Most respondents expect the property market to remain buoyant given the low interest rates, the average income of South Africans increasing, tax cuts, an emerging black market and speculative activity. The buy-to-let market however is expected to become tighter as tenants dry up, while the light industrial and non-residential market should shine. Although the top end of the market might quieten down this will not be the case for the lower end of the market. Therefore volumes of residential transfers and bond registrations should continue in much the same vein as last year.
Mortgage origination has already happened; they will continue to have a significant impact on conveyancing firms as their influence in the home loan market consolidates. Some see banks, estate agents, mortgage originators and the public putting more pressure on conveyancing firms. Pressure will also mount on conveyancer's profit margins as costs rise in line with competition and administration expenses as a result of more delegation of administative functions by financial institutions to conveyancers.
Nevertheless banks need attorneys who can cope with high demands put on them by both themselves and clients. Those firms which successfully keep up to date with and use IT to its fullest will be seen by the banks as real business partners and will not be expected to discount their fees. Hardware costs are expected to come down. Firms which specialize in conveyancing or have departments should continue to render superior service so instructions will continue to gravitate towards them. However, small practices might have problems competing.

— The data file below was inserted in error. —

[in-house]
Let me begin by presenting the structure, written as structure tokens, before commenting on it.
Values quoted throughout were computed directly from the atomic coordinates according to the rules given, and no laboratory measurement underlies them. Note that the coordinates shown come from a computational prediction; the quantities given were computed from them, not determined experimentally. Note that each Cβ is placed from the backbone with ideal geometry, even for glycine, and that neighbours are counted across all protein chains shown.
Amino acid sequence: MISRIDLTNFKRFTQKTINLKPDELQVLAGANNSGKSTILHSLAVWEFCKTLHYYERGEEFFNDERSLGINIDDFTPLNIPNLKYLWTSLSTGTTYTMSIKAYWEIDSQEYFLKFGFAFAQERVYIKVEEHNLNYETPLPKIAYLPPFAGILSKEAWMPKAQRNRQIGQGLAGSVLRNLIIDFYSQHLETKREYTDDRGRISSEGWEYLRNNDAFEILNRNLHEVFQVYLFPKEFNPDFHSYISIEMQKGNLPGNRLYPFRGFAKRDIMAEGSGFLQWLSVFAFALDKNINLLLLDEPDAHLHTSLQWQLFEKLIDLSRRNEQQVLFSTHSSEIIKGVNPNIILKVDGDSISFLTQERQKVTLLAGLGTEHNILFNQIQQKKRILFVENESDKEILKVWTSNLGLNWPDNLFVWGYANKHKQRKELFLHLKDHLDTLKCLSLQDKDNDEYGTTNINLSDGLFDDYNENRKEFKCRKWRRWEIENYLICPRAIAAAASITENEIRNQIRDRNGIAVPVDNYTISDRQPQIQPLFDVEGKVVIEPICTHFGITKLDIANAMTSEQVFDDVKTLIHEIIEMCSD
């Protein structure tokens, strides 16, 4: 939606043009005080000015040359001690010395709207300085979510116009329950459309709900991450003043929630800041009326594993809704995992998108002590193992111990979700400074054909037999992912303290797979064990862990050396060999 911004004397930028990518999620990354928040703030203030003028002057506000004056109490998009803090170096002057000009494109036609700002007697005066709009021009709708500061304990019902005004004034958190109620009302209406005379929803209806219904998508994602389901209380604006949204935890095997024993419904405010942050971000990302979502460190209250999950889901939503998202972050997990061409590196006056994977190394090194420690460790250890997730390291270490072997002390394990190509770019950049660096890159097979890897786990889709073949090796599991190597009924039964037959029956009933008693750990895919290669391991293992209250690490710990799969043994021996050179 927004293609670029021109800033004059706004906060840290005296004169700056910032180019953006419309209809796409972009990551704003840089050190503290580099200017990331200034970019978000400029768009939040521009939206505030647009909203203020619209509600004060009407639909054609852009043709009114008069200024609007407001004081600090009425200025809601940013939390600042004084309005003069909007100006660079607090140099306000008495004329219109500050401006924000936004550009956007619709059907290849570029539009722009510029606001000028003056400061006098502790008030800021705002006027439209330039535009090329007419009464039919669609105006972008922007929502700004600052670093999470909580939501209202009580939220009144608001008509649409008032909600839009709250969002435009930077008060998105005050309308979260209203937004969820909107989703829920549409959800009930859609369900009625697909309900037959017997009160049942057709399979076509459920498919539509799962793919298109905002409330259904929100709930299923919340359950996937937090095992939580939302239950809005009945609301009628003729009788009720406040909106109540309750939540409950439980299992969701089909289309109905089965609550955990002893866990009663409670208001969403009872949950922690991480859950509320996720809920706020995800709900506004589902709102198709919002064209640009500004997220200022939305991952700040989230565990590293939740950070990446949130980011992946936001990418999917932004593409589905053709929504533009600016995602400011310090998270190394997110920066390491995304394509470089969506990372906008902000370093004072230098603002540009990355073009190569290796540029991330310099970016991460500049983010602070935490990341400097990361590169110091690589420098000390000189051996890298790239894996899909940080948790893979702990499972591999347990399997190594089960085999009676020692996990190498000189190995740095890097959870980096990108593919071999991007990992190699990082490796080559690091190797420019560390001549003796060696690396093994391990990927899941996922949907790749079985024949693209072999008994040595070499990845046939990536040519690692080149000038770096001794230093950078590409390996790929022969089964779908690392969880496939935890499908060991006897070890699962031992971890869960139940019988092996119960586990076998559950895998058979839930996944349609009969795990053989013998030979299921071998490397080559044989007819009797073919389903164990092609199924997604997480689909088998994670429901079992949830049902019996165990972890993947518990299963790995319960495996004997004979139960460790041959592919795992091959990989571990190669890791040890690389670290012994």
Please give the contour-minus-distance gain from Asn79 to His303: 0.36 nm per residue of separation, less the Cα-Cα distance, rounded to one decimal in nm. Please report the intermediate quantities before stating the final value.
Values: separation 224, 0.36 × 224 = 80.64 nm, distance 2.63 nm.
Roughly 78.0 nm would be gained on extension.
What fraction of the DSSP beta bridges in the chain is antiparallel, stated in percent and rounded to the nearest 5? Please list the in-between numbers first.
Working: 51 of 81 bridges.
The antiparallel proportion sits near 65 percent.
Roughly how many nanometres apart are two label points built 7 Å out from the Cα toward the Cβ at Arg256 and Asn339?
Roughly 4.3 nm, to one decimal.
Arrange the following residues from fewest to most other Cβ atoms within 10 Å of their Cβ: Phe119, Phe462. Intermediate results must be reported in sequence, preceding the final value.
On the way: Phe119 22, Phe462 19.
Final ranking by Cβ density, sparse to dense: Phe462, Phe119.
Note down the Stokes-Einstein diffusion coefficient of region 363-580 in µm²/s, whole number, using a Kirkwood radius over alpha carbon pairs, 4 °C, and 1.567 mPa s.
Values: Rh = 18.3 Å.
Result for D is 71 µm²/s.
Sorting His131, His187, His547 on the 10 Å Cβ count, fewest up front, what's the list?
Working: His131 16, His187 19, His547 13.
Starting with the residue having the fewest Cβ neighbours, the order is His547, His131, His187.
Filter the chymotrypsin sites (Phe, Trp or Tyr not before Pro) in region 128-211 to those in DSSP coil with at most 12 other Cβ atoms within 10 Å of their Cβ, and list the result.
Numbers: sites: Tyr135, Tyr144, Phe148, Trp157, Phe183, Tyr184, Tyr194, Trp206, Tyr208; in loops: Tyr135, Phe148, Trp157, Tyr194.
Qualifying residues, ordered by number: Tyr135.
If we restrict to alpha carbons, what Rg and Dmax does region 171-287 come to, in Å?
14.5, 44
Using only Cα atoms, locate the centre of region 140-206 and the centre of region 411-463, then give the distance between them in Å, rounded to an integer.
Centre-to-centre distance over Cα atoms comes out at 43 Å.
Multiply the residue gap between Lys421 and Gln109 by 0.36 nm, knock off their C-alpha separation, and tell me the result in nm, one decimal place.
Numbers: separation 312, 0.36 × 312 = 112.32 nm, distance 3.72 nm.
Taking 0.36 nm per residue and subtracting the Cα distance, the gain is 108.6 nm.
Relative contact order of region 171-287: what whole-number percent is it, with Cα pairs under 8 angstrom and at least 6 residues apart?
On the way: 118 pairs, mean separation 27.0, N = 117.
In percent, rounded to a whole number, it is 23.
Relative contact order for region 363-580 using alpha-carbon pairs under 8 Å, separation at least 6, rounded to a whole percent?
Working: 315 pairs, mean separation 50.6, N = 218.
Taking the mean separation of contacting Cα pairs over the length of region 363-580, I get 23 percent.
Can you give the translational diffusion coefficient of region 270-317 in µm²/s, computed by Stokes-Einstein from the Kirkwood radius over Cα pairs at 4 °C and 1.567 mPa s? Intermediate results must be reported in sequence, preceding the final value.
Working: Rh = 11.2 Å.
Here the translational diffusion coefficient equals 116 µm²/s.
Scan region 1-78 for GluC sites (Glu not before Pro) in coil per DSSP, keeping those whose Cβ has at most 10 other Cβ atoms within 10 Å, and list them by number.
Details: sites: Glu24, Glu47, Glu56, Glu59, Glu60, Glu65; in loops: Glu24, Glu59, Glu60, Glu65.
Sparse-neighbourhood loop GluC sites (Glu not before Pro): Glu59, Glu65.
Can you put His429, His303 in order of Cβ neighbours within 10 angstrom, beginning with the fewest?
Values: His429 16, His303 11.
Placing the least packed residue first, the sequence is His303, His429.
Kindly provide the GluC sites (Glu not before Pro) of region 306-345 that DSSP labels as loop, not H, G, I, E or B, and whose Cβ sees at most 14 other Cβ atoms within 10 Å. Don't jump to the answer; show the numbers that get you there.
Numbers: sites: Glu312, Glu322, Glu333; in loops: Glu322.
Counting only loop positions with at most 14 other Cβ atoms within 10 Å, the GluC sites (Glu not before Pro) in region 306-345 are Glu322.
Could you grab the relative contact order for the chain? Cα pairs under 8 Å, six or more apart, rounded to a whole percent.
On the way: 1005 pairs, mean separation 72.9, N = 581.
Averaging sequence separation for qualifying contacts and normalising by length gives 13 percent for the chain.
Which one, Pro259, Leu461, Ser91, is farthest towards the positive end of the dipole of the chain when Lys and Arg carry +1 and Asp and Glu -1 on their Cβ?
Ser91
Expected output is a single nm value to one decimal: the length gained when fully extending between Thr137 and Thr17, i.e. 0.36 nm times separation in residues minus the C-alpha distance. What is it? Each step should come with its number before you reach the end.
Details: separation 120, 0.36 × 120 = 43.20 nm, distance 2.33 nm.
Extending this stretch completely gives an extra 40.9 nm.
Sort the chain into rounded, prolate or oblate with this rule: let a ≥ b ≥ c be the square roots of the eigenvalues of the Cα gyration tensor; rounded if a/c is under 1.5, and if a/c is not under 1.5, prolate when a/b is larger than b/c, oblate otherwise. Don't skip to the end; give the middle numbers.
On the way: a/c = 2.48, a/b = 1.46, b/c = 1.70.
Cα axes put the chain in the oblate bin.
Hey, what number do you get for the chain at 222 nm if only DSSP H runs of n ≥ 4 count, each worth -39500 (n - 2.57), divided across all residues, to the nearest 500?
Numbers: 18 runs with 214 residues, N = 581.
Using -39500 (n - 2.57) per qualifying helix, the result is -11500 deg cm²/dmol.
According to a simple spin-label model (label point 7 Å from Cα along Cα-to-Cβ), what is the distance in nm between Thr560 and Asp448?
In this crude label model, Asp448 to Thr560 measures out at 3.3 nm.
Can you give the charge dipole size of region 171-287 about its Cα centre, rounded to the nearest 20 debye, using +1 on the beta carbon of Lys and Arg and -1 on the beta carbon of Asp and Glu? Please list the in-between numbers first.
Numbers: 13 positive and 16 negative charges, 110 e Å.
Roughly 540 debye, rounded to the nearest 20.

This brings us to conveyancing fees and the Competition Commission. A view expressed was that the professional bodies which control the profession will become more aggressive in 2005 with regard to the relationship between retail conveyancers and estate agents. Marketing arrangements will therefore come under ever increasing scrutiny. Tensions could build between the professional bodies and those retail conveyancing firms which see themselves as heavily dependent on support from estate agents and originators but which are forced to play by a different set of rules to those which govern the commercial activities of estate agents, mortgage lending financial institutions and mortgage originators.
Estate agents, like attorneys, should therefore also have to sign an affidavit in order to get their Fidelity Fund certificate. More prosecutions are likely of attorneys who solicit business from estate agents. But this should be seen in the light of what the Competition Commission does with regard to tariffs. In fact the issues of advertising, marketing and touting rules will continue to simmer.
Other thoughts expressed include the view that firms will start to specialise more and more in order to remain competitive, while the demands of BEE and economies of scale will lead to a movement towards the consolidation and mergers of property law practices.
In conclusion one contributor looked into his/her five year view finder and made the following prediction:
Over the next five year period I see a move towards the identification of mortgage bond registrations as more of a document processing and technology driven process than a conveyancing or legal process. That in turn will promote thoughts from within the financial institutions, estate agency groupings and the mortgage origination industry for the creation of centralized bond registration units which are joint ventures or associations between the role players currently operating within the industry.
Here attorneys with conveyancing skills will manage and control the process. Or if the legislature ultimately cuts the umbilical cord between the conveyancing qualification and the need for an attorney/conveyancer, some other professional. The opportunities for such joint ventures and associations should promote some serious thinking along these lines.